While some Glenn Avenue residents want sidewalks, others don't -- even if they don't have to pay for them.

While some Glenn Avenue residents want sidewalks, others don't -- even if they don't have to pay for them.

Glenn Avenue resident Jay Zenitsky said he and his wife, Patrice Rancour, were among residents in the 1900 block of Glenn Avenue who refused to sign a sidewalk petition last summer that was initiated by neighbors in the 1800 block. A sidewalk petition requires the signatures of 60 percent of residents on the street, who share the cost of installing and maintaining sidewalks.

This spring, city officials informed Glenn Avenue residents that installing sidewalks could be covered by $500,000 in federal stimulus money Upper Arlington received. Glenn Avenue was one of five streets, in addition to Lane, Barrington, Waltham and Mountview roads, which the city identified as eligible to receive sidewalks through stimulus funds.

Zenitsky said he's upset that city officials didn't seek the input of all Glenn Avenue residents to ensure that they, indeed, wanted the sidewalks.

"All we're saying is that if the 1800 block to the south wants it, they should have it," Zenitsky said. "But we feel it's an imposition to a block that doesn't want it."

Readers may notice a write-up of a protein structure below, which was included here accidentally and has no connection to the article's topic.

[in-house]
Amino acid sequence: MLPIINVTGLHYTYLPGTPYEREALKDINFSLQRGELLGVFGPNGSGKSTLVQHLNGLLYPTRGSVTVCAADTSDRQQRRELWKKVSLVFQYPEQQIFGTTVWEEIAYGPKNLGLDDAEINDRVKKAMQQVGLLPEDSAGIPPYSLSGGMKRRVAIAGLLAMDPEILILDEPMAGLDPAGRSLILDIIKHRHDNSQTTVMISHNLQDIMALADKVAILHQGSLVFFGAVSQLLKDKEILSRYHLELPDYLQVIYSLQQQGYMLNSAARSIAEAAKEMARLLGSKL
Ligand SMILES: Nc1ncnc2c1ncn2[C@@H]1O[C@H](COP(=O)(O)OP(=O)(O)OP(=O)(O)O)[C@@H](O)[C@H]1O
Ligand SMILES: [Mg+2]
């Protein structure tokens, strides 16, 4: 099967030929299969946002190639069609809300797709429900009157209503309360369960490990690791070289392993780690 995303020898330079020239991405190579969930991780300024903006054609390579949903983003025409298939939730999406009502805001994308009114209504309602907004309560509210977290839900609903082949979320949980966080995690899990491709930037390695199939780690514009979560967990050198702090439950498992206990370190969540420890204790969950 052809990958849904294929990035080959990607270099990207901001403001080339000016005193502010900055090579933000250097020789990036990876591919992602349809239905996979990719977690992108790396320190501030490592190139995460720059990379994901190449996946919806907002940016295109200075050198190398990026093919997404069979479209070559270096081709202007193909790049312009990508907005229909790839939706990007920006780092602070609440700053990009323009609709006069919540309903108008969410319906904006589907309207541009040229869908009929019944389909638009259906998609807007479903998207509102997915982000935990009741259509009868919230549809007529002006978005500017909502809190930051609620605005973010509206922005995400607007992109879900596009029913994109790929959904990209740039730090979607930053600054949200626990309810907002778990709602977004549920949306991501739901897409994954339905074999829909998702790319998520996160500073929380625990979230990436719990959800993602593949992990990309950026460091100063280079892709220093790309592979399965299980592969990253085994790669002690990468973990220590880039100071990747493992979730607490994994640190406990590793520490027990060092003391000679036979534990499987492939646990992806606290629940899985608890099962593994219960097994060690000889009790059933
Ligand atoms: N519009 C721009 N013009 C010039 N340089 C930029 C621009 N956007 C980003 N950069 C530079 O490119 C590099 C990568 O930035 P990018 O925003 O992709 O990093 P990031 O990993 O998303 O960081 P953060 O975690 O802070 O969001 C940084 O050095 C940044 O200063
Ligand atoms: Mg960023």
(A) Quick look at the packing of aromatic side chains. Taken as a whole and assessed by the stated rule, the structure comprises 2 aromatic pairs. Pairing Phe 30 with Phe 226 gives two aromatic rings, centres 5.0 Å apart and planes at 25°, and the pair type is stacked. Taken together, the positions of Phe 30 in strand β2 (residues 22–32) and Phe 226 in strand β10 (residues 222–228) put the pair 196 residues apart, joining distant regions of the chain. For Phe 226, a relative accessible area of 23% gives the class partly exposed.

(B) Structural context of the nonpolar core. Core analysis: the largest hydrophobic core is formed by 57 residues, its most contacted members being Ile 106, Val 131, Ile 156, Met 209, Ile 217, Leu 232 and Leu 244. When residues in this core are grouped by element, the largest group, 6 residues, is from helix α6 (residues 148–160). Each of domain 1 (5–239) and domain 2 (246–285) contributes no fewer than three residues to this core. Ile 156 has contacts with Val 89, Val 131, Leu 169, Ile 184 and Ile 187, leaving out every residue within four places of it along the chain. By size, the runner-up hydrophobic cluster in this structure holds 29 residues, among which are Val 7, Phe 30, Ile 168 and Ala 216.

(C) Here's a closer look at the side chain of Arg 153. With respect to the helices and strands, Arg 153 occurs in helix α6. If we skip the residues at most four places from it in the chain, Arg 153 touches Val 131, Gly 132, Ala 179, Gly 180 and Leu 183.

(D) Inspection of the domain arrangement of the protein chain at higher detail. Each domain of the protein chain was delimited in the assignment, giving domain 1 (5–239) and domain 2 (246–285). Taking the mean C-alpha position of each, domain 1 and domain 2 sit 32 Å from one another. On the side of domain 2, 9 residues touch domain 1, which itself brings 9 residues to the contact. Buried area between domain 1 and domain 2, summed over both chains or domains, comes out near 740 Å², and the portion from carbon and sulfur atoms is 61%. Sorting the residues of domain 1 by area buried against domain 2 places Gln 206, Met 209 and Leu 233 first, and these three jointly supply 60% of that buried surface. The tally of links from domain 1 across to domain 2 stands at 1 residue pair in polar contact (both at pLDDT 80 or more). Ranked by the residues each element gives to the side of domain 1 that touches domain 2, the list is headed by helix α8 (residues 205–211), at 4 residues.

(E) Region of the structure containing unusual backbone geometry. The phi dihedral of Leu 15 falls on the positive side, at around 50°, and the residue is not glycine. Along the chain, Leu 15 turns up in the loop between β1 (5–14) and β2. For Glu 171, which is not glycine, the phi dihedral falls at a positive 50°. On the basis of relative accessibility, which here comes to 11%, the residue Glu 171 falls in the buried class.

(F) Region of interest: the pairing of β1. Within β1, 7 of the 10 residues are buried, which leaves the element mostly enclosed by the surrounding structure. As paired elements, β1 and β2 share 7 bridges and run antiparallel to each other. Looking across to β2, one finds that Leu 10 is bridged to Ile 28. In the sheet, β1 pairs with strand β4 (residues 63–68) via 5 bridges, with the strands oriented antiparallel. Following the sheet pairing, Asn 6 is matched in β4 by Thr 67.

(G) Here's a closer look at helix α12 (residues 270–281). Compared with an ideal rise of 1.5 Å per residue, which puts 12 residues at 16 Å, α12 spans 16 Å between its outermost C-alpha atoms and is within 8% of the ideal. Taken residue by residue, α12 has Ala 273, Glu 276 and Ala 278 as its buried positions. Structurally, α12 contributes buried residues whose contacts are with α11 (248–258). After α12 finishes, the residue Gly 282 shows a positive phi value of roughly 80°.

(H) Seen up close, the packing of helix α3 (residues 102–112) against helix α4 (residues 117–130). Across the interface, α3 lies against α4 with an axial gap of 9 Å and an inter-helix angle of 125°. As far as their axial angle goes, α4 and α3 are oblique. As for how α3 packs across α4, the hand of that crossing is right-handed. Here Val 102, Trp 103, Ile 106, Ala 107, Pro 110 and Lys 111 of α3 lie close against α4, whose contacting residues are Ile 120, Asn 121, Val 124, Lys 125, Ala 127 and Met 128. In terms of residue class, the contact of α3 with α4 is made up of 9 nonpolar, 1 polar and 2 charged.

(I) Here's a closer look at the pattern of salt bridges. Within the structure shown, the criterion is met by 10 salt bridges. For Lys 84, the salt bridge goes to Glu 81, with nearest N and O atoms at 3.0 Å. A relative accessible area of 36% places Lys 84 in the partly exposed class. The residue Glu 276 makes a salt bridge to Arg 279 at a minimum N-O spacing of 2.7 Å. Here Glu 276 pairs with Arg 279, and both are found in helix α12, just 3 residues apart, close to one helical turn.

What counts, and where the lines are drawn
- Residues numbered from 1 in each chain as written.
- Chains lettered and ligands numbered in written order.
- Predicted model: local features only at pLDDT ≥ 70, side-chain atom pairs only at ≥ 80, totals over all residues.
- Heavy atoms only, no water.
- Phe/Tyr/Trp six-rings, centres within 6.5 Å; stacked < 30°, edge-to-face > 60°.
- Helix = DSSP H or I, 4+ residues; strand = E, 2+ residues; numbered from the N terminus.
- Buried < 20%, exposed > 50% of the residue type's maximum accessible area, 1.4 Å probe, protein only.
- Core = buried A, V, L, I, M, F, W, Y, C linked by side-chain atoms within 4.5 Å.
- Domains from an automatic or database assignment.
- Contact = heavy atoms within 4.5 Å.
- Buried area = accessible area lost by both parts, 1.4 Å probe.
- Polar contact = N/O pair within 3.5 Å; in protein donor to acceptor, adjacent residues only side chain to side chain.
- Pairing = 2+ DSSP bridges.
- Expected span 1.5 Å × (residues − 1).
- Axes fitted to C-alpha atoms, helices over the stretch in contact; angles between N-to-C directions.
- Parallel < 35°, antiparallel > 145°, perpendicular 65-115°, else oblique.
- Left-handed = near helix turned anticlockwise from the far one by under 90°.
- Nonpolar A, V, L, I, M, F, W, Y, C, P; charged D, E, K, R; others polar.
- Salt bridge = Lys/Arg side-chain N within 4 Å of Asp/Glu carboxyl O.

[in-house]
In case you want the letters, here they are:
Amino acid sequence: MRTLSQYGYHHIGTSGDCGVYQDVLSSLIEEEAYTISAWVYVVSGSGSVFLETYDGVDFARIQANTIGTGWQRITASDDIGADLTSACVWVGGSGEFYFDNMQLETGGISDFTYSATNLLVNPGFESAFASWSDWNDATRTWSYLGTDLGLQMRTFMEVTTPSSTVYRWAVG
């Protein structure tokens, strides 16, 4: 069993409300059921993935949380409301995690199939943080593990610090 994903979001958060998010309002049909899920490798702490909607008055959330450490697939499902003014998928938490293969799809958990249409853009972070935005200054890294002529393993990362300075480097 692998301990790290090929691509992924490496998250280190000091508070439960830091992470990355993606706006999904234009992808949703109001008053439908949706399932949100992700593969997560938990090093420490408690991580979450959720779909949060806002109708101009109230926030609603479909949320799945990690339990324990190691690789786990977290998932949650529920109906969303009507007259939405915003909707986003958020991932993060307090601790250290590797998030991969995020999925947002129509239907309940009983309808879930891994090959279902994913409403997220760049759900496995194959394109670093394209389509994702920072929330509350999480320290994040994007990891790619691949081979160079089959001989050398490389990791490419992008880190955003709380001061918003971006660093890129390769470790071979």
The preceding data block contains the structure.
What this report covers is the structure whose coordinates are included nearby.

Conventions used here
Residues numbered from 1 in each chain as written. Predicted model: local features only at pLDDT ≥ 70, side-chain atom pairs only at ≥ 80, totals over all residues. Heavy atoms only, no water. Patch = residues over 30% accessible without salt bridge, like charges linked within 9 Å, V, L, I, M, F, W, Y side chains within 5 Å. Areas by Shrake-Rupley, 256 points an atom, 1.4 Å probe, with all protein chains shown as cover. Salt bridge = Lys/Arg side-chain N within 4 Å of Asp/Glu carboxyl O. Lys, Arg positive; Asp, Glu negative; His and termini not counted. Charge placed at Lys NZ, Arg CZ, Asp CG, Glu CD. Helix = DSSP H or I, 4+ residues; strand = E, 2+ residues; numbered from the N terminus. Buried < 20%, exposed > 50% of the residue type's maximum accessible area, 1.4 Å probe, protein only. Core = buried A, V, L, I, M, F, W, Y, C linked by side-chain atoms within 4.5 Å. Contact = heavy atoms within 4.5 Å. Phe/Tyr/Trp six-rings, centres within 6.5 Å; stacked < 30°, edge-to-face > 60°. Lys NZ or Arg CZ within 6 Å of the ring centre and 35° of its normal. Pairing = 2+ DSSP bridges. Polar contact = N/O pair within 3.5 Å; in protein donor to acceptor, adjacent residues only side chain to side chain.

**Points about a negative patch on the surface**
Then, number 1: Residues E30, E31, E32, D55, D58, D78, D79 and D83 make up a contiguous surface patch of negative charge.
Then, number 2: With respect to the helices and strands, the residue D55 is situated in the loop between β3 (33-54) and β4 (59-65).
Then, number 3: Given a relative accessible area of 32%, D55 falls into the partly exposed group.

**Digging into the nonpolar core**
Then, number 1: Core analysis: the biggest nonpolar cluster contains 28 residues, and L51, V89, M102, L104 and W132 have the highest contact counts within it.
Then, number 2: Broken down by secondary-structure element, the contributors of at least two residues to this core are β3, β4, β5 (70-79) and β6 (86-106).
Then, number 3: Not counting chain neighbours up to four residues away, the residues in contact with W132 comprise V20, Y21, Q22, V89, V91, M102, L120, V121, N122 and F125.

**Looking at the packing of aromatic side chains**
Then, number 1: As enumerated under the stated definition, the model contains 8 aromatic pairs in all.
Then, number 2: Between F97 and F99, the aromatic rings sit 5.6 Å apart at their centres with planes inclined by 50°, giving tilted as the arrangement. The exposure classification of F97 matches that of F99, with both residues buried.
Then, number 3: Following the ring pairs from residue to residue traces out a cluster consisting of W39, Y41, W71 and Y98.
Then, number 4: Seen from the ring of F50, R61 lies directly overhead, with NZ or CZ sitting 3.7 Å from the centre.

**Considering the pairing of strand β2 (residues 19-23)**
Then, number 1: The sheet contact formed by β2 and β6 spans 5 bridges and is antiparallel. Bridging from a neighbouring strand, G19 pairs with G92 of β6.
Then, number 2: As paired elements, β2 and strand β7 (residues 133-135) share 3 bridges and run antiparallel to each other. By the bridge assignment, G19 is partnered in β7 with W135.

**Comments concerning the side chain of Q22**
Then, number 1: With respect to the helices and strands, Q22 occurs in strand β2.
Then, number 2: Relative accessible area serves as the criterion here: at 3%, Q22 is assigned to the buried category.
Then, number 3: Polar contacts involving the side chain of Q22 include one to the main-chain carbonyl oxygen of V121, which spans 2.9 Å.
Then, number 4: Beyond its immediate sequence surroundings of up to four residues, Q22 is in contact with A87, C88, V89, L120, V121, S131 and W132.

Zenitsky is also concerned that installing sidewalks would result in the removal of or damage to trees that line Glenn Avenue.

"This street really isn't designed for a 5-foot sidewalk and a 5-foot tree lawn," Zenitsky said.

Assistant city manager Joe Valentino said city officials discussed many of the concerns Zenitsky cites during a June 11 meeting with residents. In addition to Valentino, the meeting was attended by city council member Linda Mauger, public services director Darryl Hughes, city engineer Tom Komlanc and parks and forestry superintendent Steve Cothrel.

Valentino said Cothrel told residents that most of the street trees would not be harmed by sidewalk construction.

As a result of the meeting, the city is requiring a petition with signatures from 60 percent of residents on both the north and south ends of Glenn Avenue indicating that they want sidewalks.

"The city doesn't have a master plan saying, 'Glenn Avenue has to have sidewalks, no matter what,'" Valentino said. "That's not where our priorities are."

The deadline for the new sidewalk petition is the end of the week. If there are not enough signatures from Glenn Avenue residents, the city will not move forward with the sidewalk project, Valentino said.

Mauger said she's spoken with Glenn Avenue residents on both sides of the issue.

"In every community situation, there's people with varying opinions and wishes," Mauger said. "I believe we're trying very hard to hear everybody's voices and everyone's interests and make a decision based on the wishes of majority of residents on Glenn Avenue."